Dakota remembers the Atalanta ballroom in Woking , or The Ata as it was also known. It was locally famous for its sprung dance floor, which was supposed to be one of the best in Surrey, if not the south-east, we wish we could have experienced this iconic dance-floor to show of our moves (we aren’t very good but like to think we are…) and be part of Woking’s history. Before it closed in 1974, it was a venue for shows and pop concerts. The building was originally the Sunday School and Manse of the Wesleyan Chapel. We miss this vital part of Woking’s history and thought we would commemorate other historic venues that are no longer in use around surrey.

 

Robins Cinema

robins cinema

Management and staff at Robins Cinema, London Road, were left “devastated” after an application to renew its lease was turned down in 2003. The announcement was made just three weeks after St Michael’s councillor Melanie Longden predicted the arrival of the multiplex would sound the death knell for Robins.

Manager Dale Ballentine said he had expected the cinema to remain open until the multiplex was built in mid-2004. Cllr Longden said it was a great shame that the cinema was to close and felt very sorry for the staff.

She believed the town was to lose a well-used facility and said she was concerned for the future of the building. “It’s really sad. It is another piece of Camberley’s history gone.”

She believed the closure added to the loss of Camberley’s identity and said that all towns were becoming similar.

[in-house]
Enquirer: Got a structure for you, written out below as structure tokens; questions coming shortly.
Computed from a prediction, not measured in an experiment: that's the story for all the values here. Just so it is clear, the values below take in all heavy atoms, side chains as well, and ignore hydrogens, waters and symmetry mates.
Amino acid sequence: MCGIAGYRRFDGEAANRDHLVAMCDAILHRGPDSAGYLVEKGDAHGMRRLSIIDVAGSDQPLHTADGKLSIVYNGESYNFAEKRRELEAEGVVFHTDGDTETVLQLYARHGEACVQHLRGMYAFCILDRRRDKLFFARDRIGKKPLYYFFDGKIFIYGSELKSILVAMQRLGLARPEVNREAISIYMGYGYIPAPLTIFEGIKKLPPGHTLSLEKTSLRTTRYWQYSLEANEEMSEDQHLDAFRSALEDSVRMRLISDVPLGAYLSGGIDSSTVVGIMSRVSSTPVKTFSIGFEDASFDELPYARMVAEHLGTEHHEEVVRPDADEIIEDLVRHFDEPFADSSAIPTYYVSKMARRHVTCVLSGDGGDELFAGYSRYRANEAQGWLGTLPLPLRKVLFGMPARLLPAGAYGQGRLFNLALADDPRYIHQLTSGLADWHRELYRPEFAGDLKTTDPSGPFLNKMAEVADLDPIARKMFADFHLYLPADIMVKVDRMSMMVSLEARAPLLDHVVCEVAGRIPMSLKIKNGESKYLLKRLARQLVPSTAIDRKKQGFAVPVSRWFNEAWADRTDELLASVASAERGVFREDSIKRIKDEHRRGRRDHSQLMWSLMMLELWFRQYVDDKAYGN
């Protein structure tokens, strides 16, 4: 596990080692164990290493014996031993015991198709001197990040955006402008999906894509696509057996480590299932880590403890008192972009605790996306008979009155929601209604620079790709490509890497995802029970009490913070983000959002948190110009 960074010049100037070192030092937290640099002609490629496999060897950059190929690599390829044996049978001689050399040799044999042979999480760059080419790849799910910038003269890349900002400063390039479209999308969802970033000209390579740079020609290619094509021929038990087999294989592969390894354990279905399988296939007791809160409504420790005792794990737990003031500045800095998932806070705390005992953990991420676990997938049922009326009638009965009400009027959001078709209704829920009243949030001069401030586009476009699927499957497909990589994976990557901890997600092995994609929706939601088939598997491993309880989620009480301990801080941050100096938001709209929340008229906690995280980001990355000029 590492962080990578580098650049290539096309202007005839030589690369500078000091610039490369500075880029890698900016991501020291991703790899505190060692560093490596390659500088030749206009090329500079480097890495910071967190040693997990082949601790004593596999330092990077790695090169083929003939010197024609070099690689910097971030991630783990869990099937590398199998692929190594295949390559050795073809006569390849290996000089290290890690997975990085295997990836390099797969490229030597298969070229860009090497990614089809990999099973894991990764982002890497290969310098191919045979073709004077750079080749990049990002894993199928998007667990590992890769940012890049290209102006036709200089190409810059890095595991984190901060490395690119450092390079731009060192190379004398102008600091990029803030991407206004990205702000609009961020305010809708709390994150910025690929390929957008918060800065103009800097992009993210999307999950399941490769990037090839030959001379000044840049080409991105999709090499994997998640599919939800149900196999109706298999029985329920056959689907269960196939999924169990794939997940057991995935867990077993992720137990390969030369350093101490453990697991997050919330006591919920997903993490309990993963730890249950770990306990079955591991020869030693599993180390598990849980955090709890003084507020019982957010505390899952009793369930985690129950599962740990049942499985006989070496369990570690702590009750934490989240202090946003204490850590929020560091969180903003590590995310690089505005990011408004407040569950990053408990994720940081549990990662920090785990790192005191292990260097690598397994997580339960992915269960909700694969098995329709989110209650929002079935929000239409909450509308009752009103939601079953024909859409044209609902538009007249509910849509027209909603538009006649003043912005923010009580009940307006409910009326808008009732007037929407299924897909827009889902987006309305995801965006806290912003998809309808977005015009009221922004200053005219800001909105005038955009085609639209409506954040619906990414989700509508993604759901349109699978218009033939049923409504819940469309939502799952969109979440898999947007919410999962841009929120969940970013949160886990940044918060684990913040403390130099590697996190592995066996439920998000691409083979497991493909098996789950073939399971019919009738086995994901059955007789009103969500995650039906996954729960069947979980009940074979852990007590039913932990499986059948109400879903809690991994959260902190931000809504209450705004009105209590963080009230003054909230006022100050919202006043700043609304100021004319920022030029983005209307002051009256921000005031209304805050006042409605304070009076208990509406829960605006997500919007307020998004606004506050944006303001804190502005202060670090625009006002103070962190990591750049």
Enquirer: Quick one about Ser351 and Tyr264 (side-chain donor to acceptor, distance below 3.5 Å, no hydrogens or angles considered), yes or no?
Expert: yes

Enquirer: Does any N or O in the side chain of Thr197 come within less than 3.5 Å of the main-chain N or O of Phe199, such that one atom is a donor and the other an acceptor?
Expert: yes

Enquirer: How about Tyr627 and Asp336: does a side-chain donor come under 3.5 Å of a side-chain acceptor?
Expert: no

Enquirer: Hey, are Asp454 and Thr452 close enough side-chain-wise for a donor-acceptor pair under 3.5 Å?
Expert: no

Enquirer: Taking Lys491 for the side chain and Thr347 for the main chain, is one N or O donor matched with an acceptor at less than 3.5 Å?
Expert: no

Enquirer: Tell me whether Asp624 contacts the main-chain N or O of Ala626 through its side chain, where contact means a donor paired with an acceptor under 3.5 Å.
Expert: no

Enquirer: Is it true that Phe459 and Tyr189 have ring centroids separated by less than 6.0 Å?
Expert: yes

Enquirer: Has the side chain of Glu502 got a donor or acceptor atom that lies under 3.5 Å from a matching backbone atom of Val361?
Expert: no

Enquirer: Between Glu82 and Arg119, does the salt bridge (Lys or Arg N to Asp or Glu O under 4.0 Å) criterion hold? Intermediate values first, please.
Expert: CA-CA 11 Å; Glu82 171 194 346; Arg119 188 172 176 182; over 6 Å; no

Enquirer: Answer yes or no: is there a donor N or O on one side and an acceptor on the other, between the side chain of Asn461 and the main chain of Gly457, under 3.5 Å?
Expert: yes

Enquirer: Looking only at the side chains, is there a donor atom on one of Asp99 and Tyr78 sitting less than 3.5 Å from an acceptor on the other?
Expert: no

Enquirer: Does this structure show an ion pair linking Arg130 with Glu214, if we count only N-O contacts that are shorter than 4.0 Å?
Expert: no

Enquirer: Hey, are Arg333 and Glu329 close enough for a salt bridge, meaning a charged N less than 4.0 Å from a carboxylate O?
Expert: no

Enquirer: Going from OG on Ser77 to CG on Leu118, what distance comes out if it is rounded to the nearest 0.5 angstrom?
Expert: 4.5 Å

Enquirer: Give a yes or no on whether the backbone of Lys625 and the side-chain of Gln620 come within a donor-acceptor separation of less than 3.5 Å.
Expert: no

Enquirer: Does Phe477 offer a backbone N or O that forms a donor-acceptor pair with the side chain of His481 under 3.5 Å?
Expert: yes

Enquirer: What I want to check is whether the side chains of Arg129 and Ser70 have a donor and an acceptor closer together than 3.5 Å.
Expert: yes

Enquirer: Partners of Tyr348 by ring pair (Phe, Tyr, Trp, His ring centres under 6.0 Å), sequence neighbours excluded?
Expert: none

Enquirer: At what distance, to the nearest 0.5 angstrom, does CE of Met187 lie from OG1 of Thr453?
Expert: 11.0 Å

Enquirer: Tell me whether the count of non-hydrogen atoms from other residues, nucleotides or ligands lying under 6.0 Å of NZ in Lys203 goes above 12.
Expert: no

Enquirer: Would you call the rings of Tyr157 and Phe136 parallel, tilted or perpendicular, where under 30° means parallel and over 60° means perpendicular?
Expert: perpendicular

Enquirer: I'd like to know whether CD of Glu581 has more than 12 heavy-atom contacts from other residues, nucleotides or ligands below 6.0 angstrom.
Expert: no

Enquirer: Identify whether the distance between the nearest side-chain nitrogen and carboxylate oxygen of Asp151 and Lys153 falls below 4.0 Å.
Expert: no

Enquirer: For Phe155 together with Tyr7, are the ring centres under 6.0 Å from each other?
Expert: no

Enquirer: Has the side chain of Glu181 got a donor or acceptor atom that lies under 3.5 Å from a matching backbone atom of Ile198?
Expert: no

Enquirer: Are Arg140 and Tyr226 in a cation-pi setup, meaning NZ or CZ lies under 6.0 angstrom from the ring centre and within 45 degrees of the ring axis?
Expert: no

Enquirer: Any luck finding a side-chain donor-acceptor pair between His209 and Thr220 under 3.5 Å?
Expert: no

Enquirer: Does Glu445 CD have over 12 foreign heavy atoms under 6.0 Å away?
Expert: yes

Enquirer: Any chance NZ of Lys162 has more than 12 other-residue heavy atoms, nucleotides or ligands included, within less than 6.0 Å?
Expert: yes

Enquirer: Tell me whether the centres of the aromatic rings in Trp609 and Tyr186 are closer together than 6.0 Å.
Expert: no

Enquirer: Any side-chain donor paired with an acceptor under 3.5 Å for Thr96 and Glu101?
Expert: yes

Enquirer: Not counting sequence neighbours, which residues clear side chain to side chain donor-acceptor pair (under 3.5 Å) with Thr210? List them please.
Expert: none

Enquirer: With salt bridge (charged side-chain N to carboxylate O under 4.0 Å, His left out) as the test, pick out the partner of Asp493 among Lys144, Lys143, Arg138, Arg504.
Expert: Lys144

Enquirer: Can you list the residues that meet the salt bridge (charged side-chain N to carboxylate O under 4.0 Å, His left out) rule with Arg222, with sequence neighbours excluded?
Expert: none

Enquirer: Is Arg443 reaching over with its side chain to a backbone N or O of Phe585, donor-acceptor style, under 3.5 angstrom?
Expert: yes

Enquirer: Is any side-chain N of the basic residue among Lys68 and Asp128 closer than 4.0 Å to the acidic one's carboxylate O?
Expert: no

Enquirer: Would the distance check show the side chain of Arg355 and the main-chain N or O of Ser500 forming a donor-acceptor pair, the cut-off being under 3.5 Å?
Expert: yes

The Palace in Aldershot

The Palace

Less than a year after it opened, the curtain fell for good on Aldershot’s entertainment venue, The Palace.

While the venue had attracted some big name talent, with almost sell-out gigs by Fun Lovin’ Criminals and From The Jam among the highlights, organisers failed to book enough well-known acts to encourage audiences to return to the venue.

A series of ideas, including live music Fridays, a weekly rock club and an over-30s disco, failed to excite potential punters and promoters found themselves struggling to cover the costs of staging such events. The building had been used as a nightclub for 20 years, formerly known as Cheeks and Vox, and before that it was the Picture Palace cinema.

The now listed building was one of the country’s first purpose-built cinemas when it opened in 1913.

 

Agincourt in Camberley

The Agincourt

What is believed to be the longest running rock club in the country, the Agincourt in Camberley, now a nightclub, ran every Saturday since the early 60s and played host to legends such as the Rolling Stones, Cream, The Who, Pink Floyd, Hawkwind, Wishbone Ash as well as modern bands such as Funeral for a Friend, Enter Shikari and Skindred.

In the 70s a regular Rock DJ night was added playing the current huge tracks of the period. The Agincourt used to be a morgue during the Second world war. Naturally it’s haunted (by a little girl) and the ghost has been seen many times by the staff.

It was a ballroom in the early 1900s and the club owns a programme advertising how the venue is ideal to hold parties “should the maid be tired”. Other parts of the building are a Freemason’s temple which adds to the Gothic vibe.

The club has changed greatly from the early days and now features massive laser displays, foam parties and the legendary annual Halloween ball with the maddest rock club atmosphere ever.

You can read the full article here.